State Department lashed out at the sloppy journalism of the NYT after an article about the explosion of Beirut
The US State Department criticized Tuesday the sloppy journalism of the New York Times after that was published an article on an American contractor reporting on the explosive chemicals stored in the Port of Beirut since 2016.
Indeed, NYT published on Tuesday an article that a US contractor spotted and reported the ammonium nitrate that led to last week’s deadly explosions, during a security inspection to the Port of Beirut in 2016. It reported about a cable that included the details of the findings of the contractor who was working with the US Army at the time: The diplomatic cable, marked unclassified but sensitive, was issued by the United States Embassy in Lebanon on Friday. The cable also read that the contractor was a consultant and advised the Lebanese Navy from 2013 to 2016.
Furthermore, in an email to Al Arabiya English, a State Department spokesperson referred to the article as a false report as blatantly irresponsible: This false report claiming that someone who was not employed directly with the US government and who was conducting an unofficial walkthrough at a port four years ago somehow represents evidence of the US government’s complicity in the Beirut blast is blatantly irresponsible. The spokesperson reported: Such sloppy journalism misleads their readers about the cause of the tragic explosion in Beirut and reflects poorly on the NYT.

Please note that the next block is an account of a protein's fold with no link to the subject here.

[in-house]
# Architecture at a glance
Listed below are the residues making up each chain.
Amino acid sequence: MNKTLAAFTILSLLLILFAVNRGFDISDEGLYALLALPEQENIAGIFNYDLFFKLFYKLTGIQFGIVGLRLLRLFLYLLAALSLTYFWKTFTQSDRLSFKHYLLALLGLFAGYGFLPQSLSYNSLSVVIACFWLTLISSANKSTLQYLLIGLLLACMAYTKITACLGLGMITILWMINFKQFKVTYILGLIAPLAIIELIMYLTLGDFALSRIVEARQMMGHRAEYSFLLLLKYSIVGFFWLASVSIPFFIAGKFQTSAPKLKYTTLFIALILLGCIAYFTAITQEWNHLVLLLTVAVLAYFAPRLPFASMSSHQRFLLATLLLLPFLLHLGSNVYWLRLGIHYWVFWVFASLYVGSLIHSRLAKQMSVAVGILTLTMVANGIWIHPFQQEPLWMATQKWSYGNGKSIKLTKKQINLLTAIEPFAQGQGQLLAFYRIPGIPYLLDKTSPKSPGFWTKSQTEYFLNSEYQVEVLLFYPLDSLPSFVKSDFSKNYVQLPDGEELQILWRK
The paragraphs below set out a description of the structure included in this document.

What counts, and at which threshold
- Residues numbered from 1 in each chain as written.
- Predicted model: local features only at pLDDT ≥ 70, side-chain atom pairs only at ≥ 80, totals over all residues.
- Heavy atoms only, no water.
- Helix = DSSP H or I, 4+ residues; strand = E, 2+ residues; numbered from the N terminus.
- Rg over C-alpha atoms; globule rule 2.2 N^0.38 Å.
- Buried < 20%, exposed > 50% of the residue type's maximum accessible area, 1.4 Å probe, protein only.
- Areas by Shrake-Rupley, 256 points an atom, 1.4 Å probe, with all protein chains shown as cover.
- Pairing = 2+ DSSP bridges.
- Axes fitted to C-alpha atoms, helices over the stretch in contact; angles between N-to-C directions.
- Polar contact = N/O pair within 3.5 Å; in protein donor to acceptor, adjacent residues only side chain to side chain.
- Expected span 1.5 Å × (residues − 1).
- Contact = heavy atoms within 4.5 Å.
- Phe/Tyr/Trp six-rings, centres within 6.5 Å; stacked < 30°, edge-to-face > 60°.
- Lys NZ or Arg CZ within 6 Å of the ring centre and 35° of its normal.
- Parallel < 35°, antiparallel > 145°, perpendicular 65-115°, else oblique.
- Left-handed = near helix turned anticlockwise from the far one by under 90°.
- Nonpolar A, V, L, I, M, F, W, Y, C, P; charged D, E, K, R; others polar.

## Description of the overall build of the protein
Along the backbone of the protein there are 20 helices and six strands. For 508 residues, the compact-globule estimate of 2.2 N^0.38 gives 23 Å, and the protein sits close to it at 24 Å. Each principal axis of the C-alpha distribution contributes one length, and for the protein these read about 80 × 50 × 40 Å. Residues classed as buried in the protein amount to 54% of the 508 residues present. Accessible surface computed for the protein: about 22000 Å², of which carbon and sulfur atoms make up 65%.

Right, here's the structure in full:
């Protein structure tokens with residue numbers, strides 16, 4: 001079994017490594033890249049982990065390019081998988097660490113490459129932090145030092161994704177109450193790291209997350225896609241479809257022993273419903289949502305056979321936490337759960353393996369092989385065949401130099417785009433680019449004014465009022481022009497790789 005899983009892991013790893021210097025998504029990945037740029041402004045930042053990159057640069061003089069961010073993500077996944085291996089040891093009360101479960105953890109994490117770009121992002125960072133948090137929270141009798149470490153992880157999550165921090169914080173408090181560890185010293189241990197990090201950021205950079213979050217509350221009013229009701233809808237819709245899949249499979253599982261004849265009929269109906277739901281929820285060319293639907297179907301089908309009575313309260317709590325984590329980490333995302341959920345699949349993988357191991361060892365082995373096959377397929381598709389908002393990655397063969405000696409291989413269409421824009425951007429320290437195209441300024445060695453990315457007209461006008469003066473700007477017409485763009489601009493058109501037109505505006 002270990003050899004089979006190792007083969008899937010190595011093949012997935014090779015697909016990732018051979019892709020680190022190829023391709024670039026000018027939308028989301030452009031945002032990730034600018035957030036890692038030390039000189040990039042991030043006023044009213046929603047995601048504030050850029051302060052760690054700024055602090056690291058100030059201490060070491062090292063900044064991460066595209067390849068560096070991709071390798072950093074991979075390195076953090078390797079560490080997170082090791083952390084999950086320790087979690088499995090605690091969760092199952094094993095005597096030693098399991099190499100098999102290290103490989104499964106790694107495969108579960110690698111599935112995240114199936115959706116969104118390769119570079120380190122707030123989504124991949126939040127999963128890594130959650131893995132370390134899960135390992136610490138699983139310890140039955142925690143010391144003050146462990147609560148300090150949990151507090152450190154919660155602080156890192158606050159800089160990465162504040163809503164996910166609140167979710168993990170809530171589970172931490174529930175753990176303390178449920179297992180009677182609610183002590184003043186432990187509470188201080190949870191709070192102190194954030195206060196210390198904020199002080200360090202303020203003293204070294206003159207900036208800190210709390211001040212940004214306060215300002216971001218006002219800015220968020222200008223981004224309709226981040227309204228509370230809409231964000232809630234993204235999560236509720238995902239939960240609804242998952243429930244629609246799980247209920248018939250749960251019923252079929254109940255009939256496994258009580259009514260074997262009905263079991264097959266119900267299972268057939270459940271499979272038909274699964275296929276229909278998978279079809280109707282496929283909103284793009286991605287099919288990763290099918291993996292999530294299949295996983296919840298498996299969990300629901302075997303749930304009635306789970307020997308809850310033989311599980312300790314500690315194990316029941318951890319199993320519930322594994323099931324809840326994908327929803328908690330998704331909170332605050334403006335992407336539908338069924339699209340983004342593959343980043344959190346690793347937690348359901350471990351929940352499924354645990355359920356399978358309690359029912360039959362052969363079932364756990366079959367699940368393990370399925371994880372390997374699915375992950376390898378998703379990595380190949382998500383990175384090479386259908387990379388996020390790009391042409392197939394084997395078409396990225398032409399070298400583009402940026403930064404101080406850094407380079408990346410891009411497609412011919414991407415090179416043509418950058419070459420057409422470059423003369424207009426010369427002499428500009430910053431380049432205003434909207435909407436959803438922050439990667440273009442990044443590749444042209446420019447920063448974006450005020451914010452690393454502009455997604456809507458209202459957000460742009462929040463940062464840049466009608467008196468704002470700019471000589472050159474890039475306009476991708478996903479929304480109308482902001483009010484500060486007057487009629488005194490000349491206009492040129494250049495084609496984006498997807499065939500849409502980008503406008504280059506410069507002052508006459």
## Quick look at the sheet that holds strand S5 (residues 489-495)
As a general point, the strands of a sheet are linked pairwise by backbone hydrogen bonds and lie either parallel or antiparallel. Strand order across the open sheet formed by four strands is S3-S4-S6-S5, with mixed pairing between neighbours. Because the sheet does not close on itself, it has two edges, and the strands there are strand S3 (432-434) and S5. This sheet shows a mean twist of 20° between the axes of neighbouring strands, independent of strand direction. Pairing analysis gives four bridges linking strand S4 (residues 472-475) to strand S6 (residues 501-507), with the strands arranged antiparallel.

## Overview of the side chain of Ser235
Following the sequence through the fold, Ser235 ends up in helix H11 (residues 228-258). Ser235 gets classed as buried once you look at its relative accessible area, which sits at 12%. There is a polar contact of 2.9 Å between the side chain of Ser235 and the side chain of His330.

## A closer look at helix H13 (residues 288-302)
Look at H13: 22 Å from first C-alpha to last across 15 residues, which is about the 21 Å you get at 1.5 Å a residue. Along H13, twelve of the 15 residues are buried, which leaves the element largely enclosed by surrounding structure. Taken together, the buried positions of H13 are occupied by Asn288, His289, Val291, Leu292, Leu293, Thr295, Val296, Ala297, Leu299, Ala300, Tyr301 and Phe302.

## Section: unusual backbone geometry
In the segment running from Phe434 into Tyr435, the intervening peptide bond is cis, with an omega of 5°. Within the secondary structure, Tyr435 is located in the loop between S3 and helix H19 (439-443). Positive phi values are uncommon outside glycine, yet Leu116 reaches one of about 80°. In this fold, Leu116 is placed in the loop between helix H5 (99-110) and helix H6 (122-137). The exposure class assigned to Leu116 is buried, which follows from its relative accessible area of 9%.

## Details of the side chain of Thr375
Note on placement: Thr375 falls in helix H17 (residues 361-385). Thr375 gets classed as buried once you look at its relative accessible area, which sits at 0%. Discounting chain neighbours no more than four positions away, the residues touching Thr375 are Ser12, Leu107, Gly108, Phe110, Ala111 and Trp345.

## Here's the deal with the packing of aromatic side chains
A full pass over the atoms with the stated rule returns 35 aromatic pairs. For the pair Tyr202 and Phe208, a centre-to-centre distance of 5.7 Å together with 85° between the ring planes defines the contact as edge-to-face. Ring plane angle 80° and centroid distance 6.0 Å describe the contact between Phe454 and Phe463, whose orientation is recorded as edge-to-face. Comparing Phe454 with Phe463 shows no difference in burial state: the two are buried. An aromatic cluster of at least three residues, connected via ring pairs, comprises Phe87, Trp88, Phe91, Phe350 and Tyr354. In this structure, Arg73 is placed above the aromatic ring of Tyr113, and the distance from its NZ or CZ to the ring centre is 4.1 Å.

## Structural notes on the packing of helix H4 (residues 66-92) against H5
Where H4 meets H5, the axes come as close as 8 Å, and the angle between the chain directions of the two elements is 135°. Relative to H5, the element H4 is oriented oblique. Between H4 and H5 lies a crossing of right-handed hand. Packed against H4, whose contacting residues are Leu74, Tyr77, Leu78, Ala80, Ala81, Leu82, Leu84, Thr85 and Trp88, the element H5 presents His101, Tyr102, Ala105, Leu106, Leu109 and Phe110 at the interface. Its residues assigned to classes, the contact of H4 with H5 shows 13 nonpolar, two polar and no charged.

A US official who spoke to the NYT on the condition of anonymity reported that the contractor made an unofficial visit to the Port of Beirut however was not at the time a US government or State Department employee. And as stated by the official who spoke to the NYT, the State Department had no record of the contractor’s finding until after the Aug. 4 explosions. All of this comes after Reuters cited official documents and Lebanese security officials as alerting the resigned-Prime Minister Hassan Diab and President Michel Aoun last month that the 2,750 tonnes of ammonium nitrate at the seaport of Beirut had the potential to ruin the capital.
The State Department official informed Al Arabiya English that the underlying cause of the explosion, and the dire economic conditions throughout the country, was the decades of mismanagement, corruption, and the repeated failure of Lebanese leaders to undertake the meaningful, sustained reforms needed to put Lebanon on the path to security and prosperity.